“Courage is resistance to fear, mastery of fear, not absence of fear” – Mark Twain
Another foggy day out there and no wind to help dissipate it. From my window I can see the huge Canadian flag as still and innocuous as a snail trying to avoid the escargot plate. I know Mount Benson is on the horizon in the fog but unseeable today. I have a lot of unseen issues on the horizons these days but I know by tomorrow the mist will have lifted and Benson will still be there.
Regardless that doesn’t change that restlessness I’m feeling in my stomach. A familiar feeling that is my subconsciousness’s way of getting me to acknowledge the fear or dread that is creating my brain fog. That could be, in part, due to my Residential Tenancy hearing next Tuesday. That fear is causing a bit of self-doubt but I am prepared and I know I am right.
Frozen in fear, fear is the mind killer, there are all kinds of quotes regarding fear. We all experience fear and deal with it in our own way. Too often we let the fear control us rather than mastering that fear. Fear, like worry, does nothing but capture. Fear can hold you prisoner and keep you from moving on. I like to think I control my fears and not the other way around. It takes some courage to fight fear but I would rather that than succumbing to someone else’s abuse.
The origin of the often used quote “There is nothing to fear but fear itself” is attributed to many starting with a Sir Francis Bacon essay to Franklin D. Roosevelt and later repeated by Winston Churchill. I prefer to focus on FDR’s since he understood the concept of fear from a disability perspective. There was a lot of steps taken to hide his polio from the general public out of fear of what they would think. That was a point in our history when the perception of a disability caused a lot of fear.
In my last article I discussed the differences between “interdependence” and “independence” while attaching the ability to “self-determine” to it. I consider myself to be living independently. I have my own apartment, my car, do all of my own personal care and do my best to find those little joys in life. I really don’t have to be dependent on anything or anybody. I am discovering with aging that I am becoming a little bit more aware of the need for some supports but I am still able to self-determine and live with the outcome. I am able to do that because of checks and balances. A system that was build on policies and regulations designed over the years to provide an even playing field.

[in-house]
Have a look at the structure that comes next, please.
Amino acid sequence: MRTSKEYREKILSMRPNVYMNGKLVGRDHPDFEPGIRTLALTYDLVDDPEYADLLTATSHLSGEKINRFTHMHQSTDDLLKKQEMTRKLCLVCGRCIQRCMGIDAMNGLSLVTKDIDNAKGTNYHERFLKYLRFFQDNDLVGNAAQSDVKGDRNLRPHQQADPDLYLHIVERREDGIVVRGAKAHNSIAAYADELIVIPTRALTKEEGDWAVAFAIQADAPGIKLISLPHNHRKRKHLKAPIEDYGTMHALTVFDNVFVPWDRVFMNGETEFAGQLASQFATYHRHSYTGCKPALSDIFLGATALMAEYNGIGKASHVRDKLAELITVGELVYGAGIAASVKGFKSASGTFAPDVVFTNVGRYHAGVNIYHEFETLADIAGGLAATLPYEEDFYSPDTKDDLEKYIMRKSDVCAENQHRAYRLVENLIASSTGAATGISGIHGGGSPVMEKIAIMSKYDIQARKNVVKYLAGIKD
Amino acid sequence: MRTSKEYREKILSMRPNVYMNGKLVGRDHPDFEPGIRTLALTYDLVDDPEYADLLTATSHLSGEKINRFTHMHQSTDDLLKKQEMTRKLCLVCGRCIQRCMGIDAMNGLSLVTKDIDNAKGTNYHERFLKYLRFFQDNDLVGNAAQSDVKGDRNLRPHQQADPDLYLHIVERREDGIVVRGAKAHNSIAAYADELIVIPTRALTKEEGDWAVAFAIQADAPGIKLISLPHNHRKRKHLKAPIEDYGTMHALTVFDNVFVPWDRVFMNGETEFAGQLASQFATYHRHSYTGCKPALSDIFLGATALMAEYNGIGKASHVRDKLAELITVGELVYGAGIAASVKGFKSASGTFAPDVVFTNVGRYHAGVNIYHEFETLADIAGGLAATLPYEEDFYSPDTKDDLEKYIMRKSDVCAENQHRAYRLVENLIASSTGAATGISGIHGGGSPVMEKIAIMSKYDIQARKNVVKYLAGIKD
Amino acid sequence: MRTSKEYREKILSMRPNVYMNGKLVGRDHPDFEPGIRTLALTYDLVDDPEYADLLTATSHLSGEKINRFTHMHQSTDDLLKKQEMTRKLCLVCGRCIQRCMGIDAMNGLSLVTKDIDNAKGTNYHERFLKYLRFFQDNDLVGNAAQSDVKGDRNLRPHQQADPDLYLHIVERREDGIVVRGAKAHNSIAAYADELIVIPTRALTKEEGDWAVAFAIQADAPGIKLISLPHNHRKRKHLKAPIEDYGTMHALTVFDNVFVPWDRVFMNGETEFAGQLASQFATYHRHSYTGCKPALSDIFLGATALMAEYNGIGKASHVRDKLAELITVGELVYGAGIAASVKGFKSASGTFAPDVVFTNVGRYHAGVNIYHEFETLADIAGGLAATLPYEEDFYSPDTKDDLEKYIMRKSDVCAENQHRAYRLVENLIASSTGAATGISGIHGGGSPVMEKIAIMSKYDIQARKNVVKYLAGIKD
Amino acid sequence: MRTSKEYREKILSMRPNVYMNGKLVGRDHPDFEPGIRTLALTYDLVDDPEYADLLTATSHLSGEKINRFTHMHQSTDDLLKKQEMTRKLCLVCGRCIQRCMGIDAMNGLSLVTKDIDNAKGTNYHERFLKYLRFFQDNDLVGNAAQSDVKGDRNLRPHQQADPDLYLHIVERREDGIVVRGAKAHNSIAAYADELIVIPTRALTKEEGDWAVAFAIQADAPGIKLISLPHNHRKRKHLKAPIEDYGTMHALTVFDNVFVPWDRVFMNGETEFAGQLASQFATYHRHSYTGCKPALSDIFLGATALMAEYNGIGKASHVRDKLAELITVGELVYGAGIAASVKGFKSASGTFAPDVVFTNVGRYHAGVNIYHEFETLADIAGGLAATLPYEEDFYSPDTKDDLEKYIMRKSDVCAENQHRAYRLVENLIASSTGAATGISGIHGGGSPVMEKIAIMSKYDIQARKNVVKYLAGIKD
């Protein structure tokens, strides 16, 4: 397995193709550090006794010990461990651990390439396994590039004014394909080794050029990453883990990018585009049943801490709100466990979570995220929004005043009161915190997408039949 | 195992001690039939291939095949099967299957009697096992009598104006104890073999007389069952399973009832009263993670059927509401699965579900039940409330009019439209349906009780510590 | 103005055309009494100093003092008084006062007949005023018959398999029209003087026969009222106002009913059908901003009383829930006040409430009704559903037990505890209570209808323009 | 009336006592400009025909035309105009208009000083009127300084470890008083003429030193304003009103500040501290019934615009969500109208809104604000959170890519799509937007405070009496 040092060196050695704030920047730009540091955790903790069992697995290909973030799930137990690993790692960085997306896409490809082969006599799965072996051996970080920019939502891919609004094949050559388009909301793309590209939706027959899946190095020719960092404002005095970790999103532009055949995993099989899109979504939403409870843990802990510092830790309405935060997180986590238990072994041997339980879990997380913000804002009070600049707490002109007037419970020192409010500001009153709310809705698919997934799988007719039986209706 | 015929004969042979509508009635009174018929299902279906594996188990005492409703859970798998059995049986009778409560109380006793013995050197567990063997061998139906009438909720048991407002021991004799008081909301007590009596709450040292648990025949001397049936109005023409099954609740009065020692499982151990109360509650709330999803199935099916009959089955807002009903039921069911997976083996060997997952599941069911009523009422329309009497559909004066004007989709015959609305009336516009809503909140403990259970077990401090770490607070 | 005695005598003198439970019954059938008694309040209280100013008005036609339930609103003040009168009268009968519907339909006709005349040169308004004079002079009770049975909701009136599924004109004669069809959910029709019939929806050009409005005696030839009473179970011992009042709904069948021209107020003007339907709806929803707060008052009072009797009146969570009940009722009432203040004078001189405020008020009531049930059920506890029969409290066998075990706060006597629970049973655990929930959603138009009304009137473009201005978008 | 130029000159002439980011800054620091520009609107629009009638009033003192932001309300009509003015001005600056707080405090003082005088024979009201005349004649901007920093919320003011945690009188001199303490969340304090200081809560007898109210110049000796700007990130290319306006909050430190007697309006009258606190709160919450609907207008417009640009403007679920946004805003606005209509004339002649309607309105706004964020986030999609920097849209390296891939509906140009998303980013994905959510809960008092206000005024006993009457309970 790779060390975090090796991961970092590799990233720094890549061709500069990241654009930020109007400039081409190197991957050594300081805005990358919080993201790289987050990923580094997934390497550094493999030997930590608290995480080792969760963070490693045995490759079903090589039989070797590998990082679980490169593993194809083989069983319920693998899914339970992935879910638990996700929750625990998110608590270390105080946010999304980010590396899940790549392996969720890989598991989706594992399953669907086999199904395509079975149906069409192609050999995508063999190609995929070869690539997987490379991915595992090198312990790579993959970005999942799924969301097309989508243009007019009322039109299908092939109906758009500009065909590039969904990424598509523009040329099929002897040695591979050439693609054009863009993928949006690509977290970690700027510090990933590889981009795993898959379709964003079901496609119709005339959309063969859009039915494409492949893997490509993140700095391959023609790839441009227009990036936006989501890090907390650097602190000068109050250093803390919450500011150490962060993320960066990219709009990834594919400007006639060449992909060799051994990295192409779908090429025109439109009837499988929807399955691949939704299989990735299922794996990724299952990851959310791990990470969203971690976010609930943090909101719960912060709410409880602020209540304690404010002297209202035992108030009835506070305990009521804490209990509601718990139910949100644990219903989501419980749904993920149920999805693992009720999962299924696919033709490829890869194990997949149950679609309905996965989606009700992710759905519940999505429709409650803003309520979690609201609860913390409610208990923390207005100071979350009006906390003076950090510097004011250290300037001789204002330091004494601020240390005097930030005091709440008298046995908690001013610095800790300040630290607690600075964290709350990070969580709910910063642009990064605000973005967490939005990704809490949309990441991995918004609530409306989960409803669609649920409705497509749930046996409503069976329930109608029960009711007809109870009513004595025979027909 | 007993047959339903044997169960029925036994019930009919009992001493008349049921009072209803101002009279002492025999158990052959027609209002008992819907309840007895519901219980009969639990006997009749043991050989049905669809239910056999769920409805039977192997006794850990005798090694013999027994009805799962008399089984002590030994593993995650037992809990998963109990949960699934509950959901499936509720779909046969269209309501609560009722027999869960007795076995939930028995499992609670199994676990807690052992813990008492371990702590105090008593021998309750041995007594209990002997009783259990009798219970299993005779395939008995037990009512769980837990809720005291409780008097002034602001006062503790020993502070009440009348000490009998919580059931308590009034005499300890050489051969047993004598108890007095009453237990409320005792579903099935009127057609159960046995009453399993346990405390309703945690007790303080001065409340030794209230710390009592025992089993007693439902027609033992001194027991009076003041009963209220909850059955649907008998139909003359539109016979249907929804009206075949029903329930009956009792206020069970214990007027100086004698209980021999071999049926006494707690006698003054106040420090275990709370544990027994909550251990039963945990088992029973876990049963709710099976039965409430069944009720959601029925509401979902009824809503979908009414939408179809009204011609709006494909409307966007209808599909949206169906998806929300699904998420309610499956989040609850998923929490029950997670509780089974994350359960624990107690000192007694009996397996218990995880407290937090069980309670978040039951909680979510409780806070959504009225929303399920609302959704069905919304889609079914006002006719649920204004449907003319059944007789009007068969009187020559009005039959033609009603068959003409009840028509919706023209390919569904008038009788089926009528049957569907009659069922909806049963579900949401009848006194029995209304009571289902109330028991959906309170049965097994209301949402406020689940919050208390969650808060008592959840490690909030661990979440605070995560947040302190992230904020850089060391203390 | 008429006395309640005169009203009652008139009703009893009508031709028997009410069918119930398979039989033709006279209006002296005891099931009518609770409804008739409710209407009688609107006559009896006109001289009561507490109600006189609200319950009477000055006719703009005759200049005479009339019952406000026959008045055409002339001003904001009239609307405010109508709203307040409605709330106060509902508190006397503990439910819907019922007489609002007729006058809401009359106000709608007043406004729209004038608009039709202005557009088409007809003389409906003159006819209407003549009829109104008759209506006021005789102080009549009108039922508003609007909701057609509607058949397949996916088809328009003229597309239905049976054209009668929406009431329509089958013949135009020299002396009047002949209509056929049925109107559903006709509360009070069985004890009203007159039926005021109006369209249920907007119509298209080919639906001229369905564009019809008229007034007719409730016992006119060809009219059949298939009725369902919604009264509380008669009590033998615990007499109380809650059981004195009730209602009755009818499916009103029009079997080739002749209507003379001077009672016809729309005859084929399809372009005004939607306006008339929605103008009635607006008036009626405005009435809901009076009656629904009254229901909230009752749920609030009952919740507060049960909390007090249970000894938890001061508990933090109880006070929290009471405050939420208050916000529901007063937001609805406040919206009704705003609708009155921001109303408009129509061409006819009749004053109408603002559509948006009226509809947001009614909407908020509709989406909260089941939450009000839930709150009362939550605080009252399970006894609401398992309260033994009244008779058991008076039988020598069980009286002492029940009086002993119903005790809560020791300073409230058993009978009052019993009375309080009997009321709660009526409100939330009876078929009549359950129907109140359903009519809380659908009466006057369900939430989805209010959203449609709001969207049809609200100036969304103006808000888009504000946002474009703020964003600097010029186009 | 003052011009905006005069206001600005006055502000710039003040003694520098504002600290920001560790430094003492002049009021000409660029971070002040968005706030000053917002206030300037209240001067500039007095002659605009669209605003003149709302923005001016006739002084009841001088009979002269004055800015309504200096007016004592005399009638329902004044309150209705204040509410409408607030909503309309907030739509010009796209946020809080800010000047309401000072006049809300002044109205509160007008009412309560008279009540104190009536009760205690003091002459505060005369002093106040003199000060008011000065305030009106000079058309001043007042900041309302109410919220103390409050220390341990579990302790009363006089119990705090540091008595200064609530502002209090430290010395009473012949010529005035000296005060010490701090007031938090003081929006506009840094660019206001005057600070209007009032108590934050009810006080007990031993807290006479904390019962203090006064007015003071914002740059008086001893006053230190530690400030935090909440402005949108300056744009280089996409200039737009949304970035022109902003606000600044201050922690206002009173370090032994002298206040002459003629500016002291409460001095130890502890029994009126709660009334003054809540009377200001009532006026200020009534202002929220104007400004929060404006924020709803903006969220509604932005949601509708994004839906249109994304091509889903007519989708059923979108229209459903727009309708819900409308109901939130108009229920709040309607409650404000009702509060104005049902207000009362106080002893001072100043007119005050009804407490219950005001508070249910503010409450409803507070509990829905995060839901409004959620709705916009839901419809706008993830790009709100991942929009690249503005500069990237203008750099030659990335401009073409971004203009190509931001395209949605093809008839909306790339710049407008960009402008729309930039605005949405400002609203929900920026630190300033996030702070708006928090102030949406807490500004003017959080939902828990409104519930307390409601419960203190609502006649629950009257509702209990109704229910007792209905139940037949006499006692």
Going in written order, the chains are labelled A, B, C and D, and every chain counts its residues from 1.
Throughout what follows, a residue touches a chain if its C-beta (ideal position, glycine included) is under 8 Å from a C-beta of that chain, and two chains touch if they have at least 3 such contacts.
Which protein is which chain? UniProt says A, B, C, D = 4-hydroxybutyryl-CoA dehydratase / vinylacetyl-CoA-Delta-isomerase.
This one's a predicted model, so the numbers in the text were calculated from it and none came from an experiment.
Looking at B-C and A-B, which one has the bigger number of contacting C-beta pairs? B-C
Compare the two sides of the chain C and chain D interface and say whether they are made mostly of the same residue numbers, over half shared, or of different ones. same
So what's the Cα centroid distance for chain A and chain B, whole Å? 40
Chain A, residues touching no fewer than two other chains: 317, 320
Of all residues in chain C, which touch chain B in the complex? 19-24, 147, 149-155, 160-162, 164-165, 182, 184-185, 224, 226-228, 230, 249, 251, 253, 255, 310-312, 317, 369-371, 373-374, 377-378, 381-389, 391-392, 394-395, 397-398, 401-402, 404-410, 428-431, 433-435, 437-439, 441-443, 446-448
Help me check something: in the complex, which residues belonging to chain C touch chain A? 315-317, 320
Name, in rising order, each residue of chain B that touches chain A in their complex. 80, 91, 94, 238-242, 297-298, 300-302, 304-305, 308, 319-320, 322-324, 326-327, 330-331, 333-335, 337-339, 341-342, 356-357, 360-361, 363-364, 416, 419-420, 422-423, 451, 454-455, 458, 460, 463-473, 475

Things like building codes, programs to assist with the hidden costs of disability, residential tenancy protection for persons with disabilities (like having a service dog in a “no pet” building) or human rights protections that so many others take for granted. As a person living independently I also have the freedom to challenge my fears if I feel my rights are being denied. I can make that choice, I can take that chance without a lot of fear of repercussions. As a change-maker I have to be prepared to move past the fear and intimidation of a system depriving me of my rights.
I am now discovering that those systems no longer hold the strength they use to. Those systems are only as good as there enforcement and I am discovering that aspect has disappeared. There is no enforcement anymore unless we self-police. I am now having to actively challenge those who apply whatever initiative they chose at my expense. My rights are only as safe as my choice to stand up for them. Right now I can still do that, I am prepared to live with the consequences. It is more acceptable for me to conquer my fear than to be held a prisoner of intimidation and abuse. I am lucky but I am also determined.
I know from past experience that many of those who live “interdependently”, in other words are dependent on others for their comforts of life face bigger fears because of the potential of repercussions. The National Benefits Authority has mountains of documentation on that. When you are dependent on a system to live which could be taken away from you tomorrow it is hard to be courageous. Courage doesn’t get you out of bed or prepare your meals and the lack of those are serious repercussions. Sadly it happens!
Following my Residential Tenancy hearing I fully intend to move on. It won’t be easy, 70% of rental properties are not accessible so there are challenges to moving on but I have that option. Fear doesn’t stop me and I can apply my self-determination. Unfortunately, for so many living interdependently with a disability, it’s not the lack of courage that keeps them from challenging fear but the reality of the repercussions. Fear is their warden not their motivator.